Tico Conley Takes 2020 Northeast Dirt Modified Hall Of Fame Honors As A Car Owner

Story By: BUFFY SWANSON / NORTHEAST DIRT MODIFIED HALL OF FAME – WEEDSPORT, NY – Tico Conley, a second-generation car owner who will be forever linked to Hall of Fame driver Alan Johnson’s legacy, will be honored with the 2020 Gene DeWitt Car Owner Award when the 29th annual Northeast Dirt Modified Hall of Fame induction ceremonies are held on July 23 at the Hall of Fame and Museum on the grounds of Weedsport Speedway in New York.

Conley remembers flat-towing with his dad to Maple Grove Speedway in Waterloo, about seven miles from their home in Oaks Corners, NY. It was the end of the 1950s and Conley the Elder was fielding a flathead-powered ’37 Ford driven by Don Narrigan, racing against Cliff Kotary, Gordy Wood, Bobby Cain and other stock car stars of the day.

By the time he was 10, Tico had mastered the mindset of a car owner. Each week at Waterloo, right before the feature event, kids would race home-built push cars down the front straightaway, with a case of Coca-Cola awarded to the winner.

Conley’s little car was painted just like his dad’s: fluorescent red, number 16. And he was cunning enough — even back then — to calculate an advantage.

“The trick was to put the littlest and lightest kid you could find in the car,” Tico explained, “but I’d be standing back holding the ropes and steering it.”

Years later, Conley did take his own turn behind the wheel, driving an old Show Car — tube frame, sedan body — at Five Mile Point in 1978.

“I wasn’t very good,” Tico admitted. “I qualified for some of the features, but that’s about it.”

What he found out about himself was this: “I liked working on the cars, and being around ’em. But I didn’t like driving ‘em,” Conley conceded.

Still, he sold that first Show Car and bought another one from Scott Stacks — the Conkey-built one-off that had been featured on the cover of Stock Car Racing magazine.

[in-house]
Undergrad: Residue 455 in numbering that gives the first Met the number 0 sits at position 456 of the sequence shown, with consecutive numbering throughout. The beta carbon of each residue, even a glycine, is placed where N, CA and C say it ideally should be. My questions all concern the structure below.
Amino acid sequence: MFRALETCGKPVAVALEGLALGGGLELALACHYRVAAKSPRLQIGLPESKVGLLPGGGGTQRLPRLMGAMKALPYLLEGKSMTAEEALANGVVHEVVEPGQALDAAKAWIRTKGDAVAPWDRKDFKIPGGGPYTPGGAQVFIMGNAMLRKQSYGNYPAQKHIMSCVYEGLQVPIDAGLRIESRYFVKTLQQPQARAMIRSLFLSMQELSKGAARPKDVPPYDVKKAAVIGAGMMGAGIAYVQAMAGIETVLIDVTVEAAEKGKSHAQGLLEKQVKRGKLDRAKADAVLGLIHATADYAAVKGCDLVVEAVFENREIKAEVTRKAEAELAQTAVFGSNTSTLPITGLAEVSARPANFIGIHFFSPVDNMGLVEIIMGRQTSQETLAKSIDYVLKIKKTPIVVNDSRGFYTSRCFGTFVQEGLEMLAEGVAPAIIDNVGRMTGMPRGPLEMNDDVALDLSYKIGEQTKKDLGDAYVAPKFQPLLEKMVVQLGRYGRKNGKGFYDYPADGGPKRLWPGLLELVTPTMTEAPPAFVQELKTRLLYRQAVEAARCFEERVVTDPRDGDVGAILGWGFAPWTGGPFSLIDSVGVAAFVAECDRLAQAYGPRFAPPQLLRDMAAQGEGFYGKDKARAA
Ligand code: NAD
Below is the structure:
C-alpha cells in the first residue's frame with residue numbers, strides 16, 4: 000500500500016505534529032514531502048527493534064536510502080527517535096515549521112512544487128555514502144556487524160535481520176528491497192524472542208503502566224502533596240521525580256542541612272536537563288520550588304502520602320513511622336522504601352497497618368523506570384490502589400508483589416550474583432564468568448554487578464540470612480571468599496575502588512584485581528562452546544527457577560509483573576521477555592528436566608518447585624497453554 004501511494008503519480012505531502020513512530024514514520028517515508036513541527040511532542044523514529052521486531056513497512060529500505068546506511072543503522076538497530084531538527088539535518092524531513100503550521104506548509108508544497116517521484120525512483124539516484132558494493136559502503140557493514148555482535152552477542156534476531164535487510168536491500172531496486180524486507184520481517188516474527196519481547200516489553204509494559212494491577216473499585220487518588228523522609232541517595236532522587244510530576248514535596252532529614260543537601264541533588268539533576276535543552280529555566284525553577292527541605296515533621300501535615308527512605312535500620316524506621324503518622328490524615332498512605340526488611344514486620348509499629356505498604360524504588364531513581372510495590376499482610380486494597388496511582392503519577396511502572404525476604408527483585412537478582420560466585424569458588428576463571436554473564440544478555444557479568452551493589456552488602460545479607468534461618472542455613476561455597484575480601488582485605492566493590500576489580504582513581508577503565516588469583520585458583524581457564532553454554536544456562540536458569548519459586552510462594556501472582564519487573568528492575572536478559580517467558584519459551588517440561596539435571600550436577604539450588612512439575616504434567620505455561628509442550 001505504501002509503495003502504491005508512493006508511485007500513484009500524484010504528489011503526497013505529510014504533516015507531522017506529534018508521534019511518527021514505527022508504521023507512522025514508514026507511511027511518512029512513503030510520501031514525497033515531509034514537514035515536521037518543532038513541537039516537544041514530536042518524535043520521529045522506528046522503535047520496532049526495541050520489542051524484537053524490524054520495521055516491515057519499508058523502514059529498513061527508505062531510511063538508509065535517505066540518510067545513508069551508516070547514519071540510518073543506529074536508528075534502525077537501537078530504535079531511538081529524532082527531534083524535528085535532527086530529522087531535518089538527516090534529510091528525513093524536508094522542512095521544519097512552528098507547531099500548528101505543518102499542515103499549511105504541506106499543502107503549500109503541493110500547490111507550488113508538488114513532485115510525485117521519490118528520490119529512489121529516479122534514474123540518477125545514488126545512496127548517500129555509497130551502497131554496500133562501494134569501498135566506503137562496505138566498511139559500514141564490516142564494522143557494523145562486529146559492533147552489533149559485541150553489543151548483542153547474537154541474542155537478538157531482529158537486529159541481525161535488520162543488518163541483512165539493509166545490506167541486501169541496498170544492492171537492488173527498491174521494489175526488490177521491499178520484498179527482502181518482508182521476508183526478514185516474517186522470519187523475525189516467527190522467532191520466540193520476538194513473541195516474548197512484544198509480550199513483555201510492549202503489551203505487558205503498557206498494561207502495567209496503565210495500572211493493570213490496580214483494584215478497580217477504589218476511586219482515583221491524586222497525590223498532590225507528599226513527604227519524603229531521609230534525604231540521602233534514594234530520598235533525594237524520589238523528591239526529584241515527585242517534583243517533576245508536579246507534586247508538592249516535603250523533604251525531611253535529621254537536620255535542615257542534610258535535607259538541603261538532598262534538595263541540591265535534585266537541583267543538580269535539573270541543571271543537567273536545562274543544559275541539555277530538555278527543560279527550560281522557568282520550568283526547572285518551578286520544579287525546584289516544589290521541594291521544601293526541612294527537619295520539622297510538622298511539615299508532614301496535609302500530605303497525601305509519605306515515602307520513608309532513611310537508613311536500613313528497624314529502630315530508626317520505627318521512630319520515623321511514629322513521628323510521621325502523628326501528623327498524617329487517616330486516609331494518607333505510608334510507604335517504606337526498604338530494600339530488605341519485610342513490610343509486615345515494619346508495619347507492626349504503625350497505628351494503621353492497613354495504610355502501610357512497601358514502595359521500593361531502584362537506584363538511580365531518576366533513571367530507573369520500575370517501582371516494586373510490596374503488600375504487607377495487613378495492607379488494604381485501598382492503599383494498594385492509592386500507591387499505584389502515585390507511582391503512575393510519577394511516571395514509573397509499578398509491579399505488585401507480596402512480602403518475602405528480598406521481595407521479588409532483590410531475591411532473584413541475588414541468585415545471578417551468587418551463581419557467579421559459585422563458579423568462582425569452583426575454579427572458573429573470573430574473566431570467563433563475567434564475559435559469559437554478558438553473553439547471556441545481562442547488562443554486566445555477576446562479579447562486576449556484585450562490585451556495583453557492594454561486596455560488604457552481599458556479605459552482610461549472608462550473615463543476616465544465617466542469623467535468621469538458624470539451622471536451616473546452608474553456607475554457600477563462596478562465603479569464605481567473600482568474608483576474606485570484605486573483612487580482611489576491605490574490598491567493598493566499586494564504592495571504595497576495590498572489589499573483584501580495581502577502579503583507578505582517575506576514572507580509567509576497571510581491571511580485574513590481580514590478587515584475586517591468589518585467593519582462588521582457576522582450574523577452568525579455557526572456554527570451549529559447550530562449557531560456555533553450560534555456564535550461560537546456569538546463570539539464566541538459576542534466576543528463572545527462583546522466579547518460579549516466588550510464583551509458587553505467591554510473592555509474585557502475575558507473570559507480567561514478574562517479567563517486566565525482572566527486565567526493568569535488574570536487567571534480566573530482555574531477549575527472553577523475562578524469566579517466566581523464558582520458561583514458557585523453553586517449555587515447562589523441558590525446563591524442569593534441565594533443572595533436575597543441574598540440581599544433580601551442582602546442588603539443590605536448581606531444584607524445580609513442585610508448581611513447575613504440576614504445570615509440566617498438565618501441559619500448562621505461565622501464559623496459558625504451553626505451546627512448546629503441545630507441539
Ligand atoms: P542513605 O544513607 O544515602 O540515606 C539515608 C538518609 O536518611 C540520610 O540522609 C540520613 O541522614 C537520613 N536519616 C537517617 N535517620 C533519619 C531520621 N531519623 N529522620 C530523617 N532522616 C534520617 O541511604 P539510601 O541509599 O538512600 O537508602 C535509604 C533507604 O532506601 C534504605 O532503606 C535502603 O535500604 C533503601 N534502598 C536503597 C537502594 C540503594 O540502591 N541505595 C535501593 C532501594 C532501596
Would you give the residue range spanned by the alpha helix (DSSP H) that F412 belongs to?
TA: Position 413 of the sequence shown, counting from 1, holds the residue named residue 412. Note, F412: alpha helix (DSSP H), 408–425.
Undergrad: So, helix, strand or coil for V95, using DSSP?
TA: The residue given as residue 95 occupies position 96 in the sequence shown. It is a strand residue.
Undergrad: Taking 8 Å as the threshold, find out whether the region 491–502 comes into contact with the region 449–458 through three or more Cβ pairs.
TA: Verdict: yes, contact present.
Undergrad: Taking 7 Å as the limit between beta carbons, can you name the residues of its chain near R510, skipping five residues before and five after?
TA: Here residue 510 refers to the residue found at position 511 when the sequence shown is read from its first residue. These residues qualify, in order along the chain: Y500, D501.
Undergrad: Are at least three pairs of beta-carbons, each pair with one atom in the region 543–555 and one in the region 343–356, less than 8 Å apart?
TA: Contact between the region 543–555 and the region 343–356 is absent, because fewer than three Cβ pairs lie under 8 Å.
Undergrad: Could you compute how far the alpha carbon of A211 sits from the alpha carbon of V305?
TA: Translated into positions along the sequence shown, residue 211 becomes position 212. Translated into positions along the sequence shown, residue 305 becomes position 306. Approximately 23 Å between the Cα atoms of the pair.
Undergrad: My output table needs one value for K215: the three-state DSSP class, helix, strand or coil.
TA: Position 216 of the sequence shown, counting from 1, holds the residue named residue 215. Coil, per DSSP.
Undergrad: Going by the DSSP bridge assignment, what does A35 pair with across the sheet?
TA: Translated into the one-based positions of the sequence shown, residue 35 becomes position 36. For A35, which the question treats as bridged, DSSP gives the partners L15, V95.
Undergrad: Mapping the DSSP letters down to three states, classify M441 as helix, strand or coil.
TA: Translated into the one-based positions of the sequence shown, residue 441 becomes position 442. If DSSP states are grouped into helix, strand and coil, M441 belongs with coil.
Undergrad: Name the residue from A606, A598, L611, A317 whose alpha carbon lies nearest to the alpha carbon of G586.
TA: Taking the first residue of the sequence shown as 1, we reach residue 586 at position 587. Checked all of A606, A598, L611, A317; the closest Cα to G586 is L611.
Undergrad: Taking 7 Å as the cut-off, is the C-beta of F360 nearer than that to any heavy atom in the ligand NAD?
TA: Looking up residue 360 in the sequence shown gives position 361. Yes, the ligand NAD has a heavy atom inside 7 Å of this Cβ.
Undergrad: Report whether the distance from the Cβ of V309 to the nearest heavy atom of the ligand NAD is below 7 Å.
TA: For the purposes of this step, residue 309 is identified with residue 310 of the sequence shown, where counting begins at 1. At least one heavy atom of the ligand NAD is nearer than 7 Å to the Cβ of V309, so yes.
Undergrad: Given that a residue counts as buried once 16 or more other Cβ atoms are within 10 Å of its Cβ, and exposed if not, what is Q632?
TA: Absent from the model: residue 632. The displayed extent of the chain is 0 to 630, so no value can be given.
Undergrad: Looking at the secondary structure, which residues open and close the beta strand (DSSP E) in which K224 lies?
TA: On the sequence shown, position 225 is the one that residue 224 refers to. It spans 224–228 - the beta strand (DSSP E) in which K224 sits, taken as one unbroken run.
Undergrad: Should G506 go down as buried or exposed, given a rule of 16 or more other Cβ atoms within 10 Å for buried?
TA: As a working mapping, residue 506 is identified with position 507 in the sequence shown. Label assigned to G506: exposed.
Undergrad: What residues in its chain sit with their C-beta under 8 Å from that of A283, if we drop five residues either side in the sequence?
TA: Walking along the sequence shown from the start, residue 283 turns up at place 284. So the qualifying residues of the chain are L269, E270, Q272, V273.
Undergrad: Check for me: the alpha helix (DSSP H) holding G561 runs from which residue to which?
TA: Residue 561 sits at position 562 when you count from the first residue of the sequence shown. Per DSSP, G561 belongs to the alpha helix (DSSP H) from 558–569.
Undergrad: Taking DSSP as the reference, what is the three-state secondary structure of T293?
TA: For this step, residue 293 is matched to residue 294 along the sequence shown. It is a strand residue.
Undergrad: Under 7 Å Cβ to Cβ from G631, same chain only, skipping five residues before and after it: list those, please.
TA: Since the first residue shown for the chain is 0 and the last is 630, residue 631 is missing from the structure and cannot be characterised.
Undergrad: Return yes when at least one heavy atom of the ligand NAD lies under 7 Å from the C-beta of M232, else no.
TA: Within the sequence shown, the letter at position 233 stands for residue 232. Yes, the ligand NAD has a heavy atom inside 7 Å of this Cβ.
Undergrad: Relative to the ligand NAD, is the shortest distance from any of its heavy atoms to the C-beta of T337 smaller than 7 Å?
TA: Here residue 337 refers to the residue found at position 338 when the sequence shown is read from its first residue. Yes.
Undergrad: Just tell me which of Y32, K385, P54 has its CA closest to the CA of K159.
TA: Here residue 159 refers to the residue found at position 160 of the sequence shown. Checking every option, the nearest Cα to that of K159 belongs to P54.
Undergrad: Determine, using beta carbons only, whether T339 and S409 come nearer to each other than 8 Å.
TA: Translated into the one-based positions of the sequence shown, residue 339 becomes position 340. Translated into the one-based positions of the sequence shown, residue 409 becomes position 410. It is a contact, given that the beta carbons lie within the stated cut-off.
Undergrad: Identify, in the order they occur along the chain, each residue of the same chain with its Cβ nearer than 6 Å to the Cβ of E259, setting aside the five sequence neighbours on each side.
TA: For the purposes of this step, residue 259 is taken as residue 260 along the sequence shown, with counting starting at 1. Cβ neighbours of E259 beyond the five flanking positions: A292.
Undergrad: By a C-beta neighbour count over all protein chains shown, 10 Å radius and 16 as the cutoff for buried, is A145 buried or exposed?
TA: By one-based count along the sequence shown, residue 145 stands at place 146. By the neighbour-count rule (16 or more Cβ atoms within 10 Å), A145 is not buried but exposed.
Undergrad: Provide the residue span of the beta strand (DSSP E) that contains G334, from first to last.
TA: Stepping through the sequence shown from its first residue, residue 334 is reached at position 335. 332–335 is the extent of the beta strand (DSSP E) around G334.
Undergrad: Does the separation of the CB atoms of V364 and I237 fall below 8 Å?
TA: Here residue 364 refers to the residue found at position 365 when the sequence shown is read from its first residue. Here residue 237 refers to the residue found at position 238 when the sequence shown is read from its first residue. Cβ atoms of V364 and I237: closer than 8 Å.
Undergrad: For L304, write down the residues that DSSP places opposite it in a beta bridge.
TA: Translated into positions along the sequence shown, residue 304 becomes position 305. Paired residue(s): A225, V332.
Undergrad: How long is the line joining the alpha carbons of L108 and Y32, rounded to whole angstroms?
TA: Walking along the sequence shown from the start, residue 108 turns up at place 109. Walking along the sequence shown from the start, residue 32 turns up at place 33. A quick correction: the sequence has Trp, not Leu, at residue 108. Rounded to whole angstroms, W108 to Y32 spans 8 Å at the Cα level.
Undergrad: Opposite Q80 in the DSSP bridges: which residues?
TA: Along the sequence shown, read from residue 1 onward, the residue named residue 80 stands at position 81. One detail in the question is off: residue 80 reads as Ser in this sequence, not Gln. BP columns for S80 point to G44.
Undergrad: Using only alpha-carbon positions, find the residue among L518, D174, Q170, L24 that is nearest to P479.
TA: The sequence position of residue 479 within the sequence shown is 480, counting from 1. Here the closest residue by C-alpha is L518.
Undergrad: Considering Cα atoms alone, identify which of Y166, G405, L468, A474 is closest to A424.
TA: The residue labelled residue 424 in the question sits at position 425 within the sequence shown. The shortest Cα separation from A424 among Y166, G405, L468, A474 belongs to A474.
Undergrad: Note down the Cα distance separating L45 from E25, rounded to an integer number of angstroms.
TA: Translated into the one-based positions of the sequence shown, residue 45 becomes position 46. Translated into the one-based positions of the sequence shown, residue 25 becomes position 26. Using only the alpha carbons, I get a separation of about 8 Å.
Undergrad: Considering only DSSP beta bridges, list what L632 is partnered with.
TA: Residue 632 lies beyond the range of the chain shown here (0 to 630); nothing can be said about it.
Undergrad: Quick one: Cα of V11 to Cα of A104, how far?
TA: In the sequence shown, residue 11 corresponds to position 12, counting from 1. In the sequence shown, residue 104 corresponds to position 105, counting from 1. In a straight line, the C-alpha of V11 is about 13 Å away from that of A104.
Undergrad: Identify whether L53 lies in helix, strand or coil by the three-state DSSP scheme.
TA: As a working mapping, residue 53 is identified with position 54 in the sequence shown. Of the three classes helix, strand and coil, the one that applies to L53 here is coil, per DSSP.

In the summer of ’79, Tico took it to Canandaigua for a double-header, where a dramatic legal battle unfolded. Young up-and-comer Alan Johnson had just split with car owner Cliff Barcomb, who sent local sheriffs to the track to confiscate the Weld car Johnson was driving that night. Conley recalls the car leaving on a rollback, escorted by law enforcement and Barcomb.

“Alan came over and asked if he could drive my car, to keep his points up,” said Conley, who had failed to qualify for the event. “I told him it only had a stock 427 motor with steel heads — not what he was used to.”

But Alan was out of options — and, in his hands, the car showed promise. “It was quick,” A.J. remembered. Although they wrecked in the first race, they got it together for the nightcap. “I came from the back, passing on the outside, and wound up finishing fourth.”

At season’s end, the two got together and worked out a deal for Alan to run Tico’s car with Alan’s dad, Milt Johnson of B&M Speed, supplying the smoke.

Always willing to experiment, Johnson ingeniously reconfigured Tico’s car over the winter — and proceeded to revolutionize the sport, in the process.

“The way it was, the driver sat off to the left and the motor was offset to the right. We cut the roll cage right off it, cut the rear suspension out of it, put the motor in the middle and the seat over the driveshaft. We offset the car at least six inches,” Alan informed. “The offset wasn’t so much in my mind as widening it. And we didn’t have any money, so we left the left-rear alone and bought a right-rear tube and right-rear axle. We couldn’t afford ’em both so we just widened the right side.”